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Illinois Innocense Project UIS

Anthony Murray is free from prison but still carries the heavy weight of a wrongful, although lesser, conviction. Please support his clemency petition to the Illinois Prisoner Review Board to clear his record of a murder he did not commit.

Anthony was wrongfully convicted of first-degree murder in 1998. He endured two trials in which the guilty verdicts were overturned due to flaws in the justice system – a compromised juror, conflicting witness testimony and ineffective assistance from his defense counsel.

In 2012, the Illinois Innocence Project presented new evidence that won Anthony yet another trial. In a surprise move, the Marion County prosecutor approached Anthony with the “Alford Plea.” This seldom-used plea bargain would allow him to maintain his innocence and walk out of prison after 14 years, 3 months and 10 days. But there was a catch. Anthony would need to plead guilty to second-degree murder in exchange for his release. He had a decision to make – risk trial or accept the plea bargain.

While incarcerated, Anthony had remained close to his family in weekly phone calls to his mother. During that time, 16 of his family members died, including his father and three grandparents. Anthony knew he was innocent but the prospect of an upstate black man facing another predominately white jury in southern Illinois was daunting considering his two previous trials. Before entering the courtroom to give the judge his decision, he saw the pain and anguish on his mother’s face, and knew he needed to go home. He made his decision and accepted the Alford Plea.

In October, Anthony completed two years’ probation as a condition of his release. But his life has been far from easy. The 2012 conviction of second-degree murder makes it appear as if he is guilty of committing a recent and egregious crime. Employment has been difficult. UPS and the Chicago Transit Authority denied hiring Anthony through their ex-offenders program due to his “recent” conviction. Union trade programs and even a commercial truck driver training program also refused him.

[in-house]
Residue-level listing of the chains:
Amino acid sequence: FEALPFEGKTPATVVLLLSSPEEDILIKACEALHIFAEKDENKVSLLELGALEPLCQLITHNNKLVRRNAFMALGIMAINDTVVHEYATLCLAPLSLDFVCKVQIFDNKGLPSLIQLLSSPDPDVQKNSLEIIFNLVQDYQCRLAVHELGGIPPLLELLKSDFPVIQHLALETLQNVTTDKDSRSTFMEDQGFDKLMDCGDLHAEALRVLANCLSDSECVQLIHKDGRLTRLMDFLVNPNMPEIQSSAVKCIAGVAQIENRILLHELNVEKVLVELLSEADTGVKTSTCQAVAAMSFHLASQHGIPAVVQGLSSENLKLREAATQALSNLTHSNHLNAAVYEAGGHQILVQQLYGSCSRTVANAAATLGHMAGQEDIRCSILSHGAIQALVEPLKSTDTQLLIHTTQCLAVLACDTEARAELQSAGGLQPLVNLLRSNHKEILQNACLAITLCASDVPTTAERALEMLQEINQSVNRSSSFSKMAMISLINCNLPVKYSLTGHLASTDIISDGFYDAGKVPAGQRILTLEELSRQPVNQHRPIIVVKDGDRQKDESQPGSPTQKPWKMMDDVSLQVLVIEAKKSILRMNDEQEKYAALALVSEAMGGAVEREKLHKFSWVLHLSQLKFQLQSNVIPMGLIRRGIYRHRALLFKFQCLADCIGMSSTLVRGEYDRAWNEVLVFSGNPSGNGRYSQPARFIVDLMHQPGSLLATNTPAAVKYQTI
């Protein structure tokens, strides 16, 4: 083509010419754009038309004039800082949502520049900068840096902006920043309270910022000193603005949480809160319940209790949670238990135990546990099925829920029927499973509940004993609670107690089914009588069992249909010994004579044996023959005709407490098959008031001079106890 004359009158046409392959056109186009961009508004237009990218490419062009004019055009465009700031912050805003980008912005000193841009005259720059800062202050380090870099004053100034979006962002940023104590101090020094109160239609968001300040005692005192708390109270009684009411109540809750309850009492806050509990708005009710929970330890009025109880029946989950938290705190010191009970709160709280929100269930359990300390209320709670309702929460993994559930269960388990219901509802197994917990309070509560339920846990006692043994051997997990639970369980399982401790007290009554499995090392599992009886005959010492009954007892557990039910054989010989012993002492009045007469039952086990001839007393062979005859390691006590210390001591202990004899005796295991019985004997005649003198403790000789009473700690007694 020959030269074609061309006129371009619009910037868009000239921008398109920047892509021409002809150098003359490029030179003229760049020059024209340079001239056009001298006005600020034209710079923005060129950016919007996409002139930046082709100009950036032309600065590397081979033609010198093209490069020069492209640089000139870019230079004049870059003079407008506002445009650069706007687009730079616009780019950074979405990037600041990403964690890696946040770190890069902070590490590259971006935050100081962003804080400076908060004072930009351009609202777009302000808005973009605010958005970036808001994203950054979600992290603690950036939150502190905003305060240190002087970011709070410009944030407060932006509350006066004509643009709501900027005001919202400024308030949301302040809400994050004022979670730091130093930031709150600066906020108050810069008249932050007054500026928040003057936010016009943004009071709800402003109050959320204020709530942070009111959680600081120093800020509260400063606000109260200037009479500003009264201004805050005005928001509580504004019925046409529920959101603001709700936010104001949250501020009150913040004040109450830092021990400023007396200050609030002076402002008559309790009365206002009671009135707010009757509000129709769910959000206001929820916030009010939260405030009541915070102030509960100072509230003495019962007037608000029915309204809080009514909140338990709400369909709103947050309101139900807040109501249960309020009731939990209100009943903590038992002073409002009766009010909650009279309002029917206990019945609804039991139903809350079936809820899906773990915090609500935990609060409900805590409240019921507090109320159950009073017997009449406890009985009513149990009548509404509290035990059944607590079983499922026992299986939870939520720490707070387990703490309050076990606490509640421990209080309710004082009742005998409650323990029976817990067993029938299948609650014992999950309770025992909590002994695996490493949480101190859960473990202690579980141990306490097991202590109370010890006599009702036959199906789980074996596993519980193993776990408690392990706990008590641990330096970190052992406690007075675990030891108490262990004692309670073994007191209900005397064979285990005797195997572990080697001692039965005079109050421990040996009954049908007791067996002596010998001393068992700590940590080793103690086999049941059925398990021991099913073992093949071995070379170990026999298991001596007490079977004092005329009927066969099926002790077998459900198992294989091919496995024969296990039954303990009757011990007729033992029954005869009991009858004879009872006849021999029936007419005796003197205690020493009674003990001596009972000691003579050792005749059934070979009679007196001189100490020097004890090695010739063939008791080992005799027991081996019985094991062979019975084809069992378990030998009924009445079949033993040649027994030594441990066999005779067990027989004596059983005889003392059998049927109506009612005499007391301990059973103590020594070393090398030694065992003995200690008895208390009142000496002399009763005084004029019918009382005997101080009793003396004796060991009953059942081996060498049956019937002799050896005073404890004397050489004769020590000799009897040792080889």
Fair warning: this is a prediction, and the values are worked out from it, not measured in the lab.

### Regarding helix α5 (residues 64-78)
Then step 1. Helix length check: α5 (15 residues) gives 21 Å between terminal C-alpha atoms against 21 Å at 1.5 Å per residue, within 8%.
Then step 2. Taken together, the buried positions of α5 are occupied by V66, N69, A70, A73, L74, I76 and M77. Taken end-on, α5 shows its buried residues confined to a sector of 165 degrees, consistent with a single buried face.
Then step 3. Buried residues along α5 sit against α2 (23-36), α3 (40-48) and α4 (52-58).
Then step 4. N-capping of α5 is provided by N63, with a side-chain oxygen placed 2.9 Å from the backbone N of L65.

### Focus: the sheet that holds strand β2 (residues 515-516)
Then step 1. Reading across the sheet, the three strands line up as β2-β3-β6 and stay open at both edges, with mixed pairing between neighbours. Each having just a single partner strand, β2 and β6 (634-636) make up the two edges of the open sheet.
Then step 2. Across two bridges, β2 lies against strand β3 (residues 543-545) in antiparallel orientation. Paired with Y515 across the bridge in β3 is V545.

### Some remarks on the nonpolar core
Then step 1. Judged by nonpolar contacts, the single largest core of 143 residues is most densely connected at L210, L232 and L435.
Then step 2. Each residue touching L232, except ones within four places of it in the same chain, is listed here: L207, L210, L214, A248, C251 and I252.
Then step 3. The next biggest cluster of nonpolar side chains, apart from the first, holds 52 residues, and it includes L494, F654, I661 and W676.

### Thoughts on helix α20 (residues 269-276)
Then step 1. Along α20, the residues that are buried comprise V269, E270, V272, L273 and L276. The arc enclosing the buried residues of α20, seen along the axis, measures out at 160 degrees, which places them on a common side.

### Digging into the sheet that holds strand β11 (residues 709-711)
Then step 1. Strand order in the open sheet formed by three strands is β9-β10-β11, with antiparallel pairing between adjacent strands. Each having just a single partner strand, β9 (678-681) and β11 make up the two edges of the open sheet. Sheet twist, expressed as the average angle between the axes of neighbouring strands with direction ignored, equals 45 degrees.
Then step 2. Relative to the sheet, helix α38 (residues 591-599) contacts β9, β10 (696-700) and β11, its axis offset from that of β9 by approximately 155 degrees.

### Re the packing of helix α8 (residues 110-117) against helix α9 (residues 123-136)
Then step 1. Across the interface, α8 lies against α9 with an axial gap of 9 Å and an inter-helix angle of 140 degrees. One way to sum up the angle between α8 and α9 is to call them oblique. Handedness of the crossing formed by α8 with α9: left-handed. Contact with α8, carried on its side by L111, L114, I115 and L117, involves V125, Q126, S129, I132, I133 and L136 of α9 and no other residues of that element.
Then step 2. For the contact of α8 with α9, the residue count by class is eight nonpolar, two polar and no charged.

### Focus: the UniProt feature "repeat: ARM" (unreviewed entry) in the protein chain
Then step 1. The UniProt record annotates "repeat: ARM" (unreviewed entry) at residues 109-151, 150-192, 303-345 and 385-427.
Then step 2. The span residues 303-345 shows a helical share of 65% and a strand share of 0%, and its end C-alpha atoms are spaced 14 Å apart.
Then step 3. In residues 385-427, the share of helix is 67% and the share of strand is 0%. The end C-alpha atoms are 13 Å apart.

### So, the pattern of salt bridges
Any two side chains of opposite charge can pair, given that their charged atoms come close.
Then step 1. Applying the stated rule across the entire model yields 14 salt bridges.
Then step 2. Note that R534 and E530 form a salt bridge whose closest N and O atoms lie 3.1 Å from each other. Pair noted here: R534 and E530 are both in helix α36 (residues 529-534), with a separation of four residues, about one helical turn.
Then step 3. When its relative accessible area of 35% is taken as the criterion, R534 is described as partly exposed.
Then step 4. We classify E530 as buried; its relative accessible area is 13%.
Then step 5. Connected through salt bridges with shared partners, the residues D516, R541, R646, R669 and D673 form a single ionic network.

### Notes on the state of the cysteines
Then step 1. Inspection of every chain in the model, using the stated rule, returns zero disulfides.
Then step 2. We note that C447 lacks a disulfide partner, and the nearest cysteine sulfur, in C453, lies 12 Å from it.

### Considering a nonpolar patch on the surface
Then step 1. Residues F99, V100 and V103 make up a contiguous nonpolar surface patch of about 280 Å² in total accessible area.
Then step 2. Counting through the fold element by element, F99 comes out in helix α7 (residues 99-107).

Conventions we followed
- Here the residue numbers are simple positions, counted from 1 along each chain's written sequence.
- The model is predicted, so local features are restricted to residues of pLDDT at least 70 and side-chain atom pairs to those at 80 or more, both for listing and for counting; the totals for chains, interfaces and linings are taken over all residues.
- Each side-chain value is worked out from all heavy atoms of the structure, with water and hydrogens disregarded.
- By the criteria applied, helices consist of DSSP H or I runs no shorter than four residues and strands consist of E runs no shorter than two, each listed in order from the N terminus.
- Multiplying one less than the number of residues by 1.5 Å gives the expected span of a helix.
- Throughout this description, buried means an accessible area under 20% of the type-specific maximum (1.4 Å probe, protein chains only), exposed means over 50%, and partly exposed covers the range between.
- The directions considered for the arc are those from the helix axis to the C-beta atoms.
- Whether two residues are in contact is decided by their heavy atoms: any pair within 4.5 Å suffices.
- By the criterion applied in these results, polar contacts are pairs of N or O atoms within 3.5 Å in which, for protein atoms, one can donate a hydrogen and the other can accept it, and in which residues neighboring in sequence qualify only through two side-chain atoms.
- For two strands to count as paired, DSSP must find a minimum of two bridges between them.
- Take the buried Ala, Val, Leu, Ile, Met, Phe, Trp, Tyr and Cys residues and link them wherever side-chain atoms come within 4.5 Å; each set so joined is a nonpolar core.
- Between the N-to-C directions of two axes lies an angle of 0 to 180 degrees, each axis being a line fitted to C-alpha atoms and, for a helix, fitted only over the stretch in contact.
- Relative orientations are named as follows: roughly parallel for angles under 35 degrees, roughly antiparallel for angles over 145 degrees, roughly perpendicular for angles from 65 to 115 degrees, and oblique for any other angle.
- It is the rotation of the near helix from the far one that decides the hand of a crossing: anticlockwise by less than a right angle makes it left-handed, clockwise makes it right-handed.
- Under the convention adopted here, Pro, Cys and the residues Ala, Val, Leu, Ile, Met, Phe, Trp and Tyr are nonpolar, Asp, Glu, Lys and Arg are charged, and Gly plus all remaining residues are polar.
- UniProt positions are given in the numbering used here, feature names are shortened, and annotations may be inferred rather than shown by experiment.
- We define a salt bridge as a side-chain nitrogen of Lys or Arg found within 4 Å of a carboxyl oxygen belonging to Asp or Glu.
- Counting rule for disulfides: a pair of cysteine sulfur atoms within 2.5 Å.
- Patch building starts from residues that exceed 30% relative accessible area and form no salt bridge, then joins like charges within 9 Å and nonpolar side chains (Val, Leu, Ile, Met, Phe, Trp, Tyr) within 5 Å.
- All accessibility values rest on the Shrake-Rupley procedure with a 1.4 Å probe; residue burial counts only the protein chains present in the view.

Anthony’s 2012 conviction leaves him with limited possibilities. He wants to establish a career, financially support his family and move them out of their dangerous Chicago neighborhood. And he wants to work with young men facing the same problems he faced at their age.

If granted clemency, Anthony’s 2012 conviction – for a crime he did not commit – will be removed from his record. Only then will Anthony truly be free.

So, how can you help?

Stand with Anthony by adding your name in support of his clemency petition at

Stand with Anthony by attending his public hearing before the Prisoner Review Board on January 13, 2015, at 9:00 a.m. in the Author’s Room at the Illinois State Library, 300 S. Second Street, Springfield, Ill.

To learn more about Anthony and IIP’s role in his case, go to:


Rhonda Gail Keech

In October, Rhonda resigned as IIP Case Coordinator to pursue work in a related field. Rhonda was the first paid staff member, joining the Project in September 2008 after completing her master’s degree in Legal Studies at UIS. Her contributions to the operation of what first was known as the “Downstate Illinois Innocence Project” and now is the “Illinois Innocence Project” were invaluable. IIP credits much of its success to Rhonda and wishes her the best.

Ronda Alders

IIP welcomes Ronda Alders as a part-time clerical assistant. She has worked as a legal secretary in Springfield law offices for many years, and brings a wealth of experience to many areas of our work.


Remember IIP in your end-of-year giving

The Illinois Innocence Project needs your continuing support to help people like Anthony Murray (featured above). As we approach the end of the year, please keep IIP on your list to provide desperately needed resources. To make a gift, go to: